Ressentiment

Ressentiment (Fr.): A particular form of resentment or hostility.

Now, I’m neither a philosopher nor a psychologist, do not play either on television, and have not recently stayed in a Holiday Inn Express.  Yet, the level of resentment and hostility on open display in our society (historically and now) seems to need an easily grasped and shared explanation.  I would rather have it done away with altogether, but that will not happen short of the Eschaton!  Therefore, I performed the minimum amount of unverified research possible by visiting Wikipedia for an answer!

The entry for ressentiment on Wikipedia, at http://en.wikipedia.org/wiki/Ressentiment, provides history and perspectives stated to originate first from Kierkegaard’s attempted definition from a Christian viewpoint, then countered by Nietzsche from an atheistic viewpoint further hardened by Sartre in keeping with existentialist thought.  To paraphrase Wikipedia’s entry, an existentialist is one who denies the existence of Natural Law, of unchanging human nature, of any objective rules.  Life is without ultimate meaning, individuals are cursed with freedom and must make their own way in the world.  What a sad condition in which to find oneself!

Blame for One’s Frustration

In either of the two approaches to an explanation for this behavior, based in radically different concepts of eternity, life, human relationships and love – ressentiment is expressed as “…hostility directed at that which one identifies as the cause of one’s frustration, that is, an assignment of blame for one’s frustration. 

“The sense of weakness or inferiority and perhaps jealousy in the face of the ’cause’ generates a rejecting/justifying value system, or morality, which attacks or denies the perceived source of one’s frustration.  The ego creates an enemy in order to insulate itself from culpability.” 

The victim of this self-imposed disease does not find personal fault for their situation.  Someone else caused the problem or perhaps “The devil made me do it”, as Flip Wilson used to say.  Pontius Pilate “washed his hands” of his obligation to Truth in the face of frustration with the people he was supposed to rule.  Others employ their own variety of self-justifying morals and ethics, then proceed to action – or inaction including apathy, shame, guilt and obstructionism  – to bring down their identified foes to their level or to claim superiority over them.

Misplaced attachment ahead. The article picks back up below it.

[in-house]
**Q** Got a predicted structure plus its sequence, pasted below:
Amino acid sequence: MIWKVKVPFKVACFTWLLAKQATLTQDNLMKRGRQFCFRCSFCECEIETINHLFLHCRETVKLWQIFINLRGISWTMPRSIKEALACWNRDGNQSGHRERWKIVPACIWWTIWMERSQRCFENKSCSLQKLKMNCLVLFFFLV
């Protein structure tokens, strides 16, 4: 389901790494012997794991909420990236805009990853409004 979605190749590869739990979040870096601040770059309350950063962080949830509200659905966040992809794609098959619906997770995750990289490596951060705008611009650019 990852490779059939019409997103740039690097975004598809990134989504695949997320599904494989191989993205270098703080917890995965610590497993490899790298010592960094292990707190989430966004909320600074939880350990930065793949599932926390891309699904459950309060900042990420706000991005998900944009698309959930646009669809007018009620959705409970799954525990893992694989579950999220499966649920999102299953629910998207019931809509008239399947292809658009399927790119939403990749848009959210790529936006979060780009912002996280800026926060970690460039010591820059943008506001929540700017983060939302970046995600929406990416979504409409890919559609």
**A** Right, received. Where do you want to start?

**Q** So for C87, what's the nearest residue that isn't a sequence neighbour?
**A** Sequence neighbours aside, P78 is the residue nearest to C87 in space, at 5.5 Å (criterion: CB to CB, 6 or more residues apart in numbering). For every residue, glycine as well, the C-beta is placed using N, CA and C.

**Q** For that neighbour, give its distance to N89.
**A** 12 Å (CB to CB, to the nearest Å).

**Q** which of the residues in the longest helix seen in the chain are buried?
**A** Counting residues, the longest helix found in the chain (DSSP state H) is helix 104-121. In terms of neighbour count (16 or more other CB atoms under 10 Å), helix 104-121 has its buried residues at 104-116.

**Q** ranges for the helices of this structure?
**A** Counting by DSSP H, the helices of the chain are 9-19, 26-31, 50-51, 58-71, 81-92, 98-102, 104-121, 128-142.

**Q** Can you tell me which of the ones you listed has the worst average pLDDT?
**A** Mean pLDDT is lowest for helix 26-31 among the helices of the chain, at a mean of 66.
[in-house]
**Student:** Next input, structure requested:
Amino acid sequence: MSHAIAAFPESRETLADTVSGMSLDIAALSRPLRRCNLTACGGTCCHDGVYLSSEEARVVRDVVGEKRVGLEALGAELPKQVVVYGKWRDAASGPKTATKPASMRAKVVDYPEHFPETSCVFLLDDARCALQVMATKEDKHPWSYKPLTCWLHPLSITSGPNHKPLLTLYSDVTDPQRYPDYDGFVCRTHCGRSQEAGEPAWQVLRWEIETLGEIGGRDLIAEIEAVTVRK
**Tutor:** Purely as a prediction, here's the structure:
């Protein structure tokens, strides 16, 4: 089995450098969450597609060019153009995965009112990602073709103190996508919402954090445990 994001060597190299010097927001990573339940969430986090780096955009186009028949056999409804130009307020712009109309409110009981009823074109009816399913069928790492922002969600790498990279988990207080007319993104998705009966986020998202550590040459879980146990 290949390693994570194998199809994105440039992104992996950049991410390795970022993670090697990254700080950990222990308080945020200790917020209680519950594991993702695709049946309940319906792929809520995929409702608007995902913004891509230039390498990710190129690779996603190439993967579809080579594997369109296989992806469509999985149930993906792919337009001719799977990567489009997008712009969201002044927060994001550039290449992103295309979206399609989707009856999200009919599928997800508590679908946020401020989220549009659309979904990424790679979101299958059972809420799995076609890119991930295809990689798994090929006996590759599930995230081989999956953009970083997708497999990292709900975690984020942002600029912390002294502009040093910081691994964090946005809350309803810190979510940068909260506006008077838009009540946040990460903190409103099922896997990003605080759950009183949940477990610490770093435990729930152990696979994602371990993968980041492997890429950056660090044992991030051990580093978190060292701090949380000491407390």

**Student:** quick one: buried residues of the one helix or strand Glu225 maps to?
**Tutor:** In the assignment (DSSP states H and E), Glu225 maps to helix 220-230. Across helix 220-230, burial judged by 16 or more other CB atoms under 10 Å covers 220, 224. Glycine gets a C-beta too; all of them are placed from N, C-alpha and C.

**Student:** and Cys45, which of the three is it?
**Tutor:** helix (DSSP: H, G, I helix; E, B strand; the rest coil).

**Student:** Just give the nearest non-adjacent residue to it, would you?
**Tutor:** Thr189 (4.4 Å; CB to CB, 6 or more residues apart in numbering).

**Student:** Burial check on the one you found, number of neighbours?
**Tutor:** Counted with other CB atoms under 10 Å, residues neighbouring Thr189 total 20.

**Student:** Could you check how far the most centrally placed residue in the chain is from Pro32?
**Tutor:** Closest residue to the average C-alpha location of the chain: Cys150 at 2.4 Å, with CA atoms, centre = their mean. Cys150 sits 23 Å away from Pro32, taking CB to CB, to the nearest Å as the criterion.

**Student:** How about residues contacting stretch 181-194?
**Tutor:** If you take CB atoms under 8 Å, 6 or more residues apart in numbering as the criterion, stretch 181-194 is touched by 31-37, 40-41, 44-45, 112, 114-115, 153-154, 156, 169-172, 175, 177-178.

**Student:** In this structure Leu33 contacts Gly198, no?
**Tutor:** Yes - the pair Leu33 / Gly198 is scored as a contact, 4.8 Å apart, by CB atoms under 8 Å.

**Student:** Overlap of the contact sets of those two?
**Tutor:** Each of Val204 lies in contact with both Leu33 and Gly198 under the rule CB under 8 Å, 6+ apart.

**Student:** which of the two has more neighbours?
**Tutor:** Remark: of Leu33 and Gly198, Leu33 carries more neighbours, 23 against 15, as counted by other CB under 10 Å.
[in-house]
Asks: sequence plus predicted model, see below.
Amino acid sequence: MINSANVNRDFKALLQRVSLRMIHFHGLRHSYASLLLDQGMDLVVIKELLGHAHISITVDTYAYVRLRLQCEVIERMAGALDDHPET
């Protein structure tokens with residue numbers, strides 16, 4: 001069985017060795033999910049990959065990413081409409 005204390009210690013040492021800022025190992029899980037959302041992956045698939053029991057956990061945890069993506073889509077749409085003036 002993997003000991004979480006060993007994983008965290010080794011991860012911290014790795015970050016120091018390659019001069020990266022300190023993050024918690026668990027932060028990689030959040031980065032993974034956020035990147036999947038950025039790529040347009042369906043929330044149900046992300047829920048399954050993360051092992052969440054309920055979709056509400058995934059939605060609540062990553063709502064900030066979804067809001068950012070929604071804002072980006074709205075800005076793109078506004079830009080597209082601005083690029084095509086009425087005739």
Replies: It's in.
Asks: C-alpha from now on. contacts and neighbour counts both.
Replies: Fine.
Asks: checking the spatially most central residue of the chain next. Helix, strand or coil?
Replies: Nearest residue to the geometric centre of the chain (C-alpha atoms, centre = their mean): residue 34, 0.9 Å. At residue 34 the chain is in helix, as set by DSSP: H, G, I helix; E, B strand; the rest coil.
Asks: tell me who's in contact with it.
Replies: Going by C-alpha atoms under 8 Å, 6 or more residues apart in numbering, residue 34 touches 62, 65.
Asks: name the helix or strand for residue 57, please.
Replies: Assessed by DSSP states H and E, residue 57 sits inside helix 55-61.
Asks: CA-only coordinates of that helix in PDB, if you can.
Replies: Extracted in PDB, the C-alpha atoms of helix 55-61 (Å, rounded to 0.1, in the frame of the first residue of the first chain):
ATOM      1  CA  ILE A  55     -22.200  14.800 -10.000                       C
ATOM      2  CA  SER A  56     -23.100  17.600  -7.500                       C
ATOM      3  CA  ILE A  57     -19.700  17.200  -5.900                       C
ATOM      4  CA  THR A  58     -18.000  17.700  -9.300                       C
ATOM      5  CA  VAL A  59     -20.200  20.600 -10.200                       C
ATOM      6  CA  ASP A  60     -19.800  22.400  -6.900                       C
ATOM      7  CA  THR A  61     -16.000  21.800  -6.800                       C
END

The results are often sealed with a further, “This hurts me more than it will hurt you” pronouncement.  In the short-term, the statement is usually not correct.  In the long run, it is very often correct. 

Self-Justification

Ressentiment differs from “mere” resentment.  “While (resentment) speaks to a feeling of frustration directed at a perceived source, (it does not) speak to the special relationship between a sense of inferiority and the creation of morality, as does ressentiment.

So, when one engages in ressentiment, one is unconsciously performing a kind of self-justifying leveling to re-establish self-desired equality or superiority over the source of one’s frustration, and to deny guilt or blame for one’s situation!  Such a “Take that, you Philistines!” approach too often leads to self-destructive behavior and violence, whether verbal, organizational or physical, against those assigned to be “foes” of one’s self-defined morality.  The ensuing havoc that wrecks self, relationships and community is evident throughout history and all around us today. 

Swat It Down!

The best approach is to learn to recognize when the urge to adopt this dangerous attitude attacks from within or from outside, pause and take a deep breath, swat approaching resentment, hostility and ressentiment down like flies, and work to avoid it altogether!

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About randysrules

From a professional background in architecture, community and regional planning, urban design, leadership, and fine arts, this blog provides insights on ethics, leadership, architecture/planning/urban design, Venice, and whatever intrigues me at the time. Enjoy!
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